Linux Foundation Urges 'No' Vote On Microsoft's Open XML Format - InformationWeek

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8/29/2007
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Linux Foundation Urges 'No' Vote On Microsoft's Open XML Format

With voting underway, critics contend there is already an ISO/IEC standard intended for documents -- the Open Document Format.

The Linux Foundation on Wednesday has come out against ISO/IEC member countries adopting Microsoft's Open XML as a document standard. The voting is currently underway around the world, with the outcome still uncertain.

The ISO is the International Standardization Organization, which works in tandem with the International Electrotechnical Commission in setting language, file format and hardware standards for the computer industry.

Microsoft Office's Open XML or OOXML is the default file format for documents built and used by Office applications. The Linux Foundation says the format "is specific to Windows and other Microsoft products," it relies on references to "many Microsoft proprietary specifications" that are not publicly available and it is uncertain whether Open XML "can be used with other operating systems, like Linux."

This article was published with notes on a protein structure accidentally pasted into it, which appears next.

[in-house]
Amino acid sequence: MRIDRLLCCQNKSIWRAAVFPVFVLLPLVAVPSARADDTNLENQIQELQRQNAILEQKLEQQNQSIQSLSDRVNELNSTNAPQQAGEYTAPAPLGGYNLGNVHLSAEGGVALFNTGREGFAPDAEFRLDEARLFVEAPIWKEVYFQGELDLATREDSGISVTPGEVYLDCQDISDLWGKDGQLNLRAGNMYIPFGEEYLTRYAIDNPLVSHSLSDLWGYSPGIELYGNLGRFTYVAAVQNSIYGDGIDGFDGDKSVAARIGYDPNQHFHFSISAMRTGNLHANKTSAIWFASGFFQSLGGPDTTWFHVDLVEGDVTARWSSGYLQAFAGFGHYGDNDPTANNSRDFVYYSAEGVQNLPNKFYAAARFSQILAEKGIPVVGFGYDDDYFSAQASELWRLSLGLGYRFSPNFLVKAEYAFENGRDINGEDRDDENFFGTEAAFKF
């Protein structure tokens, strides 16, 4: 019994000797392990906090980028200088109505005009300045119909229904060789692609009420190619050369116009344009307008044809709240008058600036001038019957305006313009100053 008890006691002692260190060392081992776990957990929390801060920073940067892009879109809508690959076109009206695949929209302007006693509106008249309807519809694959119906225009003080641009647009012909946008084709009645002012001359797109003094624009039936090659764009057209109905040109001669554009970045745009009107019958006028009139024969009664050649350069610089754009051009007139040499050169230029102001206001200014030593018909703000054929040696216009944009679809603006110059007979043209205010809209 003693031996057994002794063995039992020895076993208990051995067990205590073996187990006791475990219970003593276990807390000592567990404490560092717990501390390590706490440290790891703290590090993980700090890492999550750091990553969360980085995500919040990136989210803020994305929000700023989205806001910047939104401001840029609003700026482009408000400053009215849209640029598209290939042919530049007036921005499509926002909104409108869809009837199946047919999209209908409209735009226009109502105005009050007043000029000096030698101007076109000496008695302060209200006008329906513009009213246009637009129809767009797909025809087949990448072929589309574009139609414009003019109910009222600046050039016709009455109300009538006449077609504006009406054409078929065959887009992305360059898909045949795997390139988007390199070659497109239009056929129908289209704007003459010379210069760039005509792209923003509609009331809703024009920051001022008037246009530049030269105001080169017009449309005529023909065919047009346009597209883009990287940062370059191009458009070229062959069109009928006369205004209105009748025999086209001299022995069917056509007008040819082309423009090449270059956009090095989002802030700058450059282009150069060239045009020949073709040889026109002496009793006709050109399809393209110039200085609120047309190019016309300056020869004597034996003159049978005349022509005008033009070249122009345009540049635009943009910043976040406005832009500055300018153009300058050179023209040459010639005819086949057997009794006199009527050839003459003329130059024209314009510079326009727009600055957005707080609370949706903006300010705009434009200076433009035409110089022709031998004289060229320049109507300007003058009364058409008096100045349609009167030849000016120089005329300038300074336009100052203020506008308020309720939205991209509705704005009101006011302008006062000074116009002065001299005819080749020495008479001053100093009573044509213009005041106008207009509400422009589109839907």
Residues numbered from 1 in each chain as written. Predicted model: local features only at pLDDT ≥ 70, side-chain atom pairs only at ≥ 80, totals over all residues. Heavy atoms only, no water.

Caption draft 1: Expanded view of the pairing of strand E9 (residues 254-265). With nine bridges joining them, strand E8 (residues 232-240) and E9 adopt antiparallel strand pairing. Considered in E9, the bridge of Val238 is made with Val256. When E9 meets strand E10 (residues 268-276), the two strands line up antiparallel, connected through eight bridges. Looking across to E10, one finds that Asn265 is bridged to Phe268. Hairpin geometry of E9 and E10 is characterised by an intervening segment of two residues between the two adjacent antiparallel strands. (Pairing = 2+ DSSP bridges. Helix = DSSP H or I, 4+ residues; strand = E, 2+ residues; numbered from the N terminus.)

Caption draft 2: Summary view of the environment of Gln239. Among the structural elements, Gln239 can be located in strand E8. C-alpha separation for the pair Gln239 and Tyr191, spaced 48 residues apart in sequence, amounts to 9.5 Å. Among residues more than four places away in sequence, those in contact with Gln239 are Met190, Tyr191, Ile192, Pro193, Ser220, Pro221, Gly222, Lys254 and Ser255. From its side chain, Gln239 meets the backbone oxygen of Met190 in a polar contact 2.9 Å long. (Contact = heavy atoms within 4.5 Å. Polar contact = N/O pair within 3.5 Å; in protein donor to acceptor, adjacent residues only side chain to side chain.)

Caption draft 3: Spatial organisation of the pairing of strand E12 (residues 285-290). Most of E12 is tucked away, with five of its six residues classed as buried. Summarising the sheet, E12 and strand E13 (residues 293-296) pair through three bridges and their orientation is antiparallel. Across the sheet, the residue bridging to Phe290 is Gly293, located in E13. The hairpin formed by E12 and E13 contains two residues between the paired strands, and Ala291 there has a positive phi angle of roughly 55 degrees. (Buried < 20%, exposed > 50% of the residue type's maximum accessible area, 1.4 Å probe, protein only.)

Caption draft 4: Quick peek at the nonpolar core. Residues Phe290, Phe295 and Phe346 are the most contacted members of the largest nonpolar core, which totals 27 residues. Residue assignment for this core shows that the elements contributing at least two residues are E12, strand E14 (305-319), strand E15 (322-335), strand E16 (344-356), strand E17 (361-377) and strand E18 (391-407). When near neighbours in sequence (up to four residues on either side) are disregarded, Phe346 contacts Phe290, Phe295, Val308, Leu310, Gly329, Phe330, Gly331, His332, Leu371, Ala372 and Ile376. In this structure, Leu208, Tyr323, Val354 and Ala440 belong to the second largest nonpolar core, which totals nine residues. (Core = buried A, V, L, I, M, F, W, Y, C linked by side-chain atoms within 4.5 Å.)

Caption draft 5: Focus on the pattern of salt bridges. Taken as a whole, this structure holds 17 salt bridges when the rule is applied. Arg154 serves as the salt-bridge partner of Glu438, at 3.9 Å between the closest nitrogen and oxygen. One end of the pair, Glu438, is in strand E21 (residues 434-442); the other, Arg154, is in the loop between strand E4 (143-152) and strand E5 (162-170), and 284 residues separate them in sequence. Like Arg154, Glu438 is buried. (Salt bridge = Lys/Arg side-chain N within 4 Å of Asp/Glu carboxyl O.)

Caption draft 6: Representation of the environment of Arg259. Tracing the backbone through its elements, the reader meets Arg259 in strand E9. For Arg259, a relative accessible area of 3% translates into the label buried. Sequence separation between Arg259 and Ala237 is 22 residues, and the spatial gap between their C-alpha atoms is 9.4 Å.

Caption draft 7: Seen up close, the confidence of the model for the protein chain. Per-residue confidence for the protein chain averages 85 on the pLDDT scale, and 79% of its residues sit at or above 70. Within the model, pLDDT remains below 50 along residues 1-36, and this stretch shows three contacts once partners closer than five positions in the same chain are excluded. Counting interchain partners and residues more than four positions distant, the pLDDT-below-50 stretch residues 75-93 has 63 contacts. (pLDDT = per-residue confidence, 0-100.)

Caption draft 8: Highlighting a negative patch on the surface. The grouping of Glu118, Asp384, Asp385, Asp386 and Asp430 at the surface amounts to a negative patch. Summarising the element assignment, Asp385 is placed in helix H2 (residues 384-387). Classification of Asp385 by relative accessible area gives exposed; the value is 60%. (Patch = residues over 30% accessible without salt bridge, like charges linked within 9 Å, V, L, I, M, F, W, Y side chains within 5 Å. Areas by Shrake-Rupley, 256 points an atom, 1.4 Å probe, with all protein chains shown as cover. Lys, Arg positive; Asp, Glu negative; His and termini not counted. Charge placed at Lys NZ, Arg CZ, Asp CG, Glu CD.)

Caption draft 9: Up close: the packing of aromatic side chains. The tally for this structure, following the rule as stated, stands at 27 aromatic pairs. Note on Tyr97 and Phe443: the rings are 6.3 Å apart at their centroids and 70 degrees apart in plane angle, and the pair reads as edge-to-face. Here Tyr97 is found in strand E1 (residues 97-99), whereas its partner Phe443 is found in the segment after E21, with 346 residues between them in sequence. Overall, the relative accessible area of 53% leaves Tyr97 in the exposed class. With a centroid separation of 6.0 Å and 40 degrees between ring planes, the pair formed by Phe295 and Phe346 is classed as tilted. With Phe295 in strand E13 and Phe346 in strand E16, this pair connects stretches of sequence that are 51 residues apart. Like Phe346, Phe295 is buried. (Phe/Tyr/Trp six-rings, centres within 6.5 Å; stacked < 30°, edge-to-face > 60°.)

Andrew Updegrove, a software licensing specialist in the Boston firm of Gesmer Updegrove, said in a blog that the foundation was acting on both its concern over Open XML's "immature technical status" and "widespread reports of undesirable conduct during the voting process to date." He didn't refer to specific countries' votes other than Sweden's Aug. 28 vote, which was "dramatically impacted by the last minute addition of 23 members to the committee casting the Swedish vote." Brazil has voted no on the proposal. India's Bureau of Indian Standards last week withheld its endorsement of Microsoft's Office Open XML format as a standard, indicating its preference for ODF.

The Linux foundation said it's established a standard through the ISO/IEC, the Linux Standard Base, as an agreed up standard for the basic elements of a Linux distribution. The foundation "has a vested interest in the preservation of the validity and integrity of the global standards adoption process. When that process works well, everyone wins."

"To be universally adopted, it is important for the process that creates those standards to be above reproach," it added.

Critics of Open XML contend there is already an ISO/IEC standard intended for documents -- the Open Document Format. The world marketplace would be better off getting Microsoft to merge Open XML and ODF into "a single, common specification," the foundation's statement said.

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